Every time I talk about using Web2.0 in education with someone, or even being a do-it-yourself EduPunk in general, I always throw in a little disclaimer at the end: “just be careful what you use, because one of those sites that you base your entire class on could be gone tomorrow.” I usually get this “yeah, right” look from them, or even a “I’ll just use Google – that will always be safe” response. Truth is, I never really believed it myself.
Oh, how the times have changed in the 4 months since I last said that. It seems like Google is actually leading the charge in cutting down sites educators might use. Google is shutting down sites? Excuse me while I check the forecast for Hades right quick.
First it was Lively, now several other minor services have been closed completely or just put on the shelf (i.e. no further development). Lively was probably the only closure to hurt education in anyway – even though that probably only applied to the bleeding edge of education. Jaiku, with the ability to create groups that micro-bloggers could post to (versus the only two options on Twitter: everyone or one person), probably had the most educational potential. Jaiku is apparently going open source, so maybe it will re-appear as something better later (but we EduGeeks thought Jaiku was so much better than Twitter… sigh). Google Notebook was probably meant to have educational potential but never really went anywhere. TechCrunch has a good summary article if you want to see if your favorite Google side project is toast.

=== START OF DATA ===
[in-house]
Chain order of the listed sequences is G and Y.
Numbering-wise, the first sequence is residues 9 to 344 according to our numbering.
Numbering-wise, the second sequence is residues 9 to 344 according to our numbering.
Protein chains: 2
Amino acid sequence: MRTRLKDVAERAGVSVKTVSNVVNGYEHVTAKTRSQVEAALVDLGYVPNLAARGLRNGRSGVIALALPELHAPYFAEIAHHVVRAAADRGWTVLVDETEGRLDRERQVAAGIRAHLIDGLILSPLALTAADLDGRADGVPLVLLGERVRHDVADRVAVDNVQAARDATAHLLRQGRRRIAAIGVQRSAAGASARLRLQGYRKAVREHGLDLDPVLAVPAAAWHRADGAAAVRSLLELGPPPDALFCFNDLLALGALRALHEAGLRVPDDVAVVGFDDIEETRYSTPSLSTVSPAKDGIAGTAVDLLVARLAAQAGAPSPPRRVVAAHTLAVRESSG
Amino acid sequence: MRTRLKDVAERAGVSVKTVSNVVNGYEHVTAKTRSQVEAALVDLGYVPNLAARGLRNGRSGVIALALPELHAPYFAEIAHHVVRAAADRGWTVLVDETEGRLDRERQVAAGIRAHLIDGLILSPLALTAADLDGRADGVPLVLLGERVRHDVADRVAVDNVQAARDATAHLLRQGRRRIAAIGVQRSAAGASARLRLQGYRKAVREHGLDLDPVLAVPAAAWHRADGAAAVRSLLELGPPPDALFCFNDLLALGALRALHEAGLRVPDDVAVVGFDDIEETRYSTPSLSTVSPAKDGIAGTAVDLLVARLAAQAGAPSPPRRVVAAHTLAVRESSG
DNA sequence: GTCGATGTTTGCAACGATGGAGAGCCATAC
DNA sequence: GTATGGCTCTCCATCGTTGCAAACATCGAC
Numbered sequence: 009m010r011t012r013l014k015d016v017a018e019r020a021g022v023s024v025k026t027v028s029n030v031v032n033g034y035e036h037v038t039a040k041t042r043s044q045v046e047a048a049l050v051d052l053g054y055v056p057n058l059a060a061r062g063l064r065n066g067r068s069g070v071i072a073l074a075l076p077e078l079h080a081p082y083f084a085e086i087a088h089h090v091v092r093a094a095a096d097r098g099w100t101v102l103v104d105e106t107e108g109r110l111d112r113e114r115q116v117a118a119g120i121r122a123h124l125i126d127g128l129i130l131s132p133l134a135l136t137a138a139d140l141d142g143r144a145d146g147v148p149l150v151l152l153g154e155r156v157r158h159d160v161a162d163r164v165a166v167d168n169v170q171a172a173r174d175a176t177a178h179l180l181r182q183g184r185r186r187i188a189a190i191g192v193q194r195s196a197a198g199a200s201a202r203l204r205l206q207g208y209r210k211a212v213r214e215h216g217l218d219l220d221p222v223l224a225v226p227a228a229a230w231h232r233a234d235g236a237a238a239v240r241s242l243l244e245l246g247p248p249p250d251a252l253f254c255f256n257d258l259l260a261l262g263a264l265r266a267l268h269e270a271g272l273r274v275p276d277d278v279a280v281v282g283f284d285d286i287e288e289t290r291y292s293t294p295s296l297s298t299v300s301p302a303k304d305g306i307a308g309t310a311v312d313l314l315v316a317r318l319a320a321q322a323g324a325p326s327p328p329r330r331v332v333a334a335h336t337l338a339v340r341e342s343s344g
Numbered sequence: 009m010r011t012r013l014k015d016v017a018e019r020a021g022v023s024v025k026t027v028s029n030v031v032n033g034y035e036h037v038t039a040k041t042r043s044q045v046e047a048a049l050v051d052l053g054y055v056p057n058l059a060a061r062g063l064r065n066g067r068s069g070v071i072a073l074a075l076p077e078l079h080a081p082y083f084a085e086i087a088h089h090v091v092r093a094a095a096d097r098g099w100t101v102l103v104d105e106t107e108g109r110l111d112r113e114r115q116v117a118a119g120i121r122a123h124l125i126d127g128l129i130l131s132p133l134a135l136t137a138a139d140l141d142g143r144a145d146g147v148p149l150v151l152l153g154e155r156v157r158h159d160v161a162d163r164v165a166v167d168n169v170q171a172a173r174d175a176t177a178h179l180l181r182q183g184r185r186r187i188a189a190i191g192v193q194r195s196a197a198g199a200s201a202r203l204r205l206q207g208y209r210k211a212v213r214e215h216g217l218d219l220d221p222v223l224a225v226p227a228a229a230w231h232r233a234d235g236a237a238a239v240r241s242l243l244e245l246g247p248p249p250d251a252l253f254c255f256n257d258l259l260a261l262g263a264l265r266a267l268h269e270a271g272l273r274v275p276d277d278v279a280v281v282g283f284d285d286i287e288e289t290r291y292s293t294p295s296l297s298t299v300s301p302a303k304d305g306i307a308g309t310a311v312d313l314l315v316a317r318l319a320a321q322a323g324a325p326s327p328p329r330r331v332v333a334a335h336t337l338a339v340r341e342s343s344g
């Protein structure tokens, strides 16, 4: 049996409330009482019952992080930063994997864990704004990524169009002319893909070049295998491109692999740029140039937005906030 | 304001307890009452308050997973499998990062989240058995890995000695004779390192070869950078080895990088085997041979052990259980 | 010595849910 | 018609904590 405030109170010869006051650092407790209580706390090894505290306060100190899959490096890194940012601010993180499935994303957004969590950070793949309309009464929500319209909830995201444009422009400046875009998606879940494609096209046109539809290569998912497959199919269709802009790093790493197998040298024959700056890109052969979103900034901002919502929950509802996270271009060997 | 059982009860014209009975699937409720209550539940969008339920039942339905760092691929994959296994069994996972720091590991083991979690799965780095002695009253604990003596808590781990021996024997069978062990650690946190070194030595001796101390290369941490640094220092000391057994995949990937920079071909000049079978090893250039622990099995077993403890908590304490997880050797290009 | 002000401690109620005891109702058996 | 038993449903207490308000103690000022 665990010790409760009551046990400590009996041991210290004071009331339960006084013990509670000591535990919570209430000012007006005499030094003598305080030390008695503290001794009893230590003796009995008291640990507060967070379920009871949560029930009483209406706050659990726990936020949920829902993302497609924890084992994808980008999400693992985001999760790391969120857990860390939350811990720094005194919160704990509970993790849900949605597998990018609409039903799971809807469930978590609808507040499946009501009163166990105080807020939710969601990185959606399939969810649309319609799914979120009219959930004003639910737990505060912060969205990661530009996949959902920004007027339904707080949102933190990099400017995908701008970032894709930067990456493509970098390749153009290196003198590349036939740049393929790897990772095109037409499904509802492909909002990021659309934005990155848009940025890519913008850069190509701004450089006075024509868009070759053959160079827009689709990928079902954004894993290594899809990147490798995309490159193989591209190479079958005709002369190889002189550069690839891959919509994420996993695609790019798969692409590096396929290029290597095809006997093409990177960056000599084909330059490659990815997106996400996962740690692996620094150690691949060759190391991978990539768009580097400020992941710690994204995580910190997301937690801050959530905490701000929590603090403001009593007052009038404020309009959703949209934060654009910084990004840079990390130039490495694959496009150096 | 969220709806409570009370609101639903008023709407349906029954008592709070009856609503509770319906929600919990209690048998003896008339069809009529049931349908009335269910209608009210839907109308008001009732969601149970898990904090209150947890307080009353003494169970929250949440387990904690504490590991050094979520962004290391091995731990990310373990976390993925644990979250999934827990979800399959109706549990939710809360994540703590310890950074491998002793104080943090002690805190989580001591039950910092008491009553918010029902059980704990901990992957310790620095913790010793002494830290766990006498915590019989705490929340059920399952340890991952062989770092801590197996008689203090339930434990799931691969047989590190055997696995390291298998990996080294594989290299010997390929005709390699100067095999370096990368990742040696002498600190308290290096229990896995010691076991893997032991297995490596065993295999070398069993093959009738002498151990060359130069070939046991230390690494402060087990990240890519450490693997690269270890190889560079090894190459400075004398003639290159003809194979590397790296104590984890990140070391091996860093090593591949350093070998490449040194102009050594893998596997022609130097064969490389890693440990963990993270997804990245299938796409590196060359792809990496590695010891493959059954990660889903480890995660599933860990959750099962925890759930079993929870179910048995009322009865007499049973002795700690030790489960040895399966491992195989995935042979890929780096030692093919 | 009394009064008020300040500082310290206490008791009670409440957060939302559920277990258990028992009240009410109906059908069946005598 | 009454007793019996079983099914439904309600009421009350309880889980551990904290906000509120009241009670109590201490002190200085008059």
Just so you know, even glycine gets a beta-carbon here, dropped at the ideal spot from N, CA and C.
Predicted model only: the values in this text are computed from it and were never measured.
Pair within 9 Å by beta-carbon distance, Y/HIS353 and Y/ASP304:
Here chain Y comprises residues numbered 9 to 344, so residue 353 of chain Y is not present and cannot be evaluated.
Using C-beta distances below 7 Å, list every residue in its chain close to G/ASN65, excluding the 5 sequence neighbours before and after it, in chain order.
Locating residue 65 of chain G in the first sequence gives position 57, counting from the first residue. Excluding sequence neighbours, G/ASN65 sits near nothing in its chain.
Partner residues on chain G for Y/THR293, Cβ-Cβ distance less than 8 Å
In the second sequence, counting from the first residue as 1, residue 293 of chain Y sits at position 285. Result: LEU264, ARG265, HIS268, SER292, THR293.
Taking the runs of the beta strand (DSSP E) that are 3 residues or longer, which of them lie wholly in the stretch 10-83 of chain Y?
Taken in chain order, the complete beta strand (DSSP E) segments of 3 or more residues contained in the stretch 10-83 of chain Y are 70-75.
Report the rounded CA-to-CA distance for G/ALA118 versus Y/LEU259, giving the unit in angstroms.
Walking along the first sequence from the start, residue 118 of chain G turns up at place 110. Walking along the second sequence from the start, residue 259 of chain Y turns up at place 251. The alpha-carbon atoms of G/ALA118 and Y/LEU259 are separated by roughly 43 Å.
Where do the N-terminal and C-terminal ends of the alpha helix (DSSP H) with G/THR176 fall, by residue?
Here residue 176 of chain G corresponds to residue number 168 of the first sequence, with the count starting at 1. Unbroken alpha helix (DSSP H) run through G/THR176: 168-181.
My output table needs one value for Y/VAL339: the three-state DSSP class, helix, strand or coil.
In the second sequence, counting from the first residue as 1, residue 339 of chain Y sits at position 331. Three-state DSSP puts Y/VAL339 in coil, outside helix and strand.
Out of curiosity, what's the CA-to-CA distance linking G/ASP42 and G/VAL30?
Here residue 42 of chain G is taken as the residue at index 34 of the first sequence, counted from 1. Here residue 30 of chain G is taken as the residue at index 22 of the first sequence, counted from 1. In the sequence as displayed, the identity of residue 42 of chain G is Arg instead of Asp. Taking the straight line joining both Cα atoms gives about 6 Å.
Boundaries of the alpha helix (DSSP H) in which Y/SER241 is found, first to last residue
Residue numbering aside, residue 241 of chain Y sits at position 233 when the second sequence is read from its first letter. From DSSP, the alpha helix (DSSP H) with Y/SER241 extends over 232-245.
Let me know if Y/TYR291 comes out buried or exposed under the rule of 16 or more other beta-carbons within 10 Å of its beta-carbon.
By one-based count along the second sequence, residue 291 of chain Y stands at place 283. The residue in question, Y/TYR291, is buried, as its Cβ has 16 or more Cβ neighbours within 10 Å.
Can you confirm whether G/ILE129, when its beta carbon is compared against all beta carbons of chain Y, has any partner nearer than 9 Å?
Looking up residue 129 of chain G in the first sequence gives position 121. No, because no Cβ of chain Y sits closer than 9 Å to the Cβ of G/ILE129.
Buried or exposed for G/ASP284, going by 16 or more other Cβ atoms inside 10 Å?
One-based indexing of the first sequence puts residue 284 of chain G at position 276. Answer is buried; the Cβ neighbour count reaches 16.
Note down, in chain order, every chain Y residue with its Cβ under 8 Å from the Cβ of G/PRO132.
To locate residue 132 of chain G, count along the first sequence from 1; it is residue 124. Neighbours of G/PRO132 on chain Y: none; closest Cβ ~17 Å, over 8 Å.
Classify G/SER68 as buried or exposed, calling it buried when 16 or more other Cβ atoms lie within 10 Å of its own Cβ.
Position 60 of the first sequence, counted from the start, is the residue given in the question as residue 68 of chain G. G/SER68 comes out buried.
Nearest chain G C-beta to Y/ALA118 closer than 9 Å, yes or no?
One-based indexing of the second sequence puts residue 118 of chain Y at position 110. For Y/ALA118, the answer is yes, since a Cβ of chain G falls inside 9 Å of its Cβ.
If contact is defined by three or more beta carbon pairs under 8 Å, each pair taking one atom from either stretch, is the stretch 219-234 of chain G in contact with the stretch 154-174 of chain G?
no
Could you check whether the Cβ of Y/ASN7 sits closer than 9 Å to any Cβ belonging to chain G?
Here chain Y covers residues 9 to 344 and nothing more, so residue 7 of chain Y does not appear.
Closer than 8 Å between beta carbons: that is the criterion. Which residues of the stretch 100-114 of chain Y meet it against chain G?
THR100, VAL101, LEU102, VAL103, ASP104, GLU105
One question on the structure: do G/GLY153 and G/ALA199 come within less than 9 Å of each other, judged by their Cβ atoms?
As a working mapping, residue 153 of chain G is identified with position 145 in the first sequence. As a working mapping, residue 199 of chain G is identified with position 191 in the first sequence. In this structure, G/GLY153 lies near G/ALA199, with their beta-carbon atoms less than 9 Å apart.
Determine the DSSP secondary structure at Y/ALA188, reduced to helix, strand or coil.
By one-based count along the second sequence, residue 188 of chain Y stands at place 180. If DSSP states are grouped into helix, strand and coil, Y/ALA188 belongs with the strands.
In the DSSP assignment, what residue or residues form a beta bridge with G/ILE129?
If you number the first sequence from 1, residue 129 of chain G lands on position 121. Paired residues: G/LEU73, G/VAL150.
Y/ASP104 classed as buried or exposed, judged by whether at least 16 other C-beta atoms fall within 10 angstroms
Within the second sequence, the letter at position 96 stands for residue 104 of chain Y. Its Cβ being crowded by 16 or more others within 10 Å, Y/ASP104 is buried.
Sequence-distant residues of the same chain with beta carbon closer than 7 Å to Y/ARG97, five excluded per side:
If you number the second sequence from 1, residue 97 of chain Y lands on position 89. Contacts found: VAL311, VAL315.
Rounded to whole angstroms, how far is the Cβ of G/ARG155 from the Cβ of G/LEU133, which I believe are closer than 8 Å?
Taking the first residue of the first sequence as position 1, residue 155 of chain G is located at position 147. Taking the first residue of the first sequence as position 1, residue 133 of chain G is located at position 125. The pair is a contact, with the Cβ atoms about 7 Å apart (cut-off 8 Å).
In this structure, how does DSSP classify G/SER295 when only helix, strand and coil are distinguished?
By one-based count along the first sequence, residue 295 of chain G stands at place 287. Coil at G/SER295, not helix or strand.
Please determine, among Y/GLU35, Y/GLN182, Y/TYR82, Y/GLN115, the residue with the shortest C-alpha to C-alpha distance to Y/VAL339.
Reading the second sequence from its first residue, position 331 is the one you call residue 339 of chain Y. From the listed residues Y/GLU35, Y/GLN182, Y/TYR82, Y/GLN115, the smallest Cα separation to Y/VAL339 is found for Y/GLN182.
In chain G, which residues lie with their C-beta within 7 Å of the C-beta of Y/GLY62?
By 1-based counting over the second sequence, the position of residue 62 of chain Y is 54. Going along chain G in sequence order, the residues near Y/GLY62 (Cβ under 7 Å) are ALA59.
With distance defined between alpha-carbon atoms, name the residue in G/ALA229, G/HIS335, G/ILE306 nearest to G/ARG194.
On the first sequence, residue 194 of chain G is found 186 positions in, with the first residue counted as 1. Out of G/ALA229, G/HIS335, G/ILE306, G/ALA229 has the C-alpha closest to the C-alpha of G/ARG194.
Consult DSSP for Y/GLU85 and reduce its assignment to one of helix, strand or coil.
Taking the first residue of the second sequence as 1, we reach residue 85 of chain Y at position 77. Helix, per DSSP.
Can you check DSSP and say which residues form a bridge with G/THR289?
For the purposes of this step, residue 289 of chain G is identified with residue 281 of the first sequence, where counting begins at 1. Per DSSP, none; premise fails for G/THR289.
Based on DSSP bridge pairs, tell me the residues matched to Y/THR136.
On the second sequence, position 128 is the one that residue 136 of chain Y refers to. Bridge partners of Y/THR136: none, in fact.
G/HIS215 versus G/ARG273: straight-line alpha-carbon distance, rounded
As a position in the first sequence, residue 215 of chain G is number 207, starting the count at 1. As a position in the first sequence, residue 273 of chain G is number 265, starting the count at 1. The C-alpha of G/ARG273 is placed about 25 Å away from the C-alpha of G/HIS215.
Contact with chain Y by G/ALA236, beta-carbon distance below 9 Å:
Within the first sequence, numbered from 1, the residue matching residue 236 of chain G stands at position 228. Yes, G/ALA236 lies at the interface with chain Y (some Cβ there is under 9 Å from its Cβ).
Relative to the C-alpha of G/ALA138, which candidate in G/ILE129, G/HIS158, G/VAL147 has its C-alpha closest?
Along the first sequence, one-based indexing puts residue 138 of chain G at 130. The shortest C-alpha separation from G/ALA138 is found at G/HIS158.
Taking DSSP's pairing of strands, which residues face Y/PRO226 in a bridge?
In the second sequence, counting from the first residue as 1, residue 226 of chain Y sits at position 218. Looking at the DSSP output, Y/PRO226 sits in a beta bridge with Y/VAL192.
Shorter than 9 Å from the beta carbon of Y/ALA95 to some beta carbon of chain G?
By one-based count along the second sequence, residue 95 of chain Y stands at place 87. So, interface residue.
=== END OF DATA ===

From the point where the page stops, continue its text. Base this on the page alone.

What this means for educators is: be careful! Something that you rely on heavily for instruction could be gone tomorrow. Unfortunaelty, this also means that more instructors are probably going to go with the most popular tool for their needs, even if they find another service that is a better fit. And I can’t say I would blame them. This would just mean that there is a smaller chance we will be seeing new ideas popping up online.
Matt is currently an Instructional Designer II at Orbis Education and a Part-Time Instructor at the University of Texas Rio Grande Valley. Previously he worked as a Learning Innovation Researcher with the UT Arlington LINK Research Lab. His work focuses on learning theory, Heutagogy, and learner agency. Matt holds a Ph.D. in Learning Technologies from the University of North Texas, a Master of Education in Educational Technology from UT Brownsville, and a Bachelors of Science in Education from Baylor University. His research interests include instructional design, learning pathways, sociocultural theory, heutagogy, virtual reality, and open networked learning. He has a background in instructional design and teaching at both the secondary and university levels and has been an active blogger and conference presenter. He also enjoys networking and collaborative efforts involving faculty, students, administration, and anyone involved in the education process.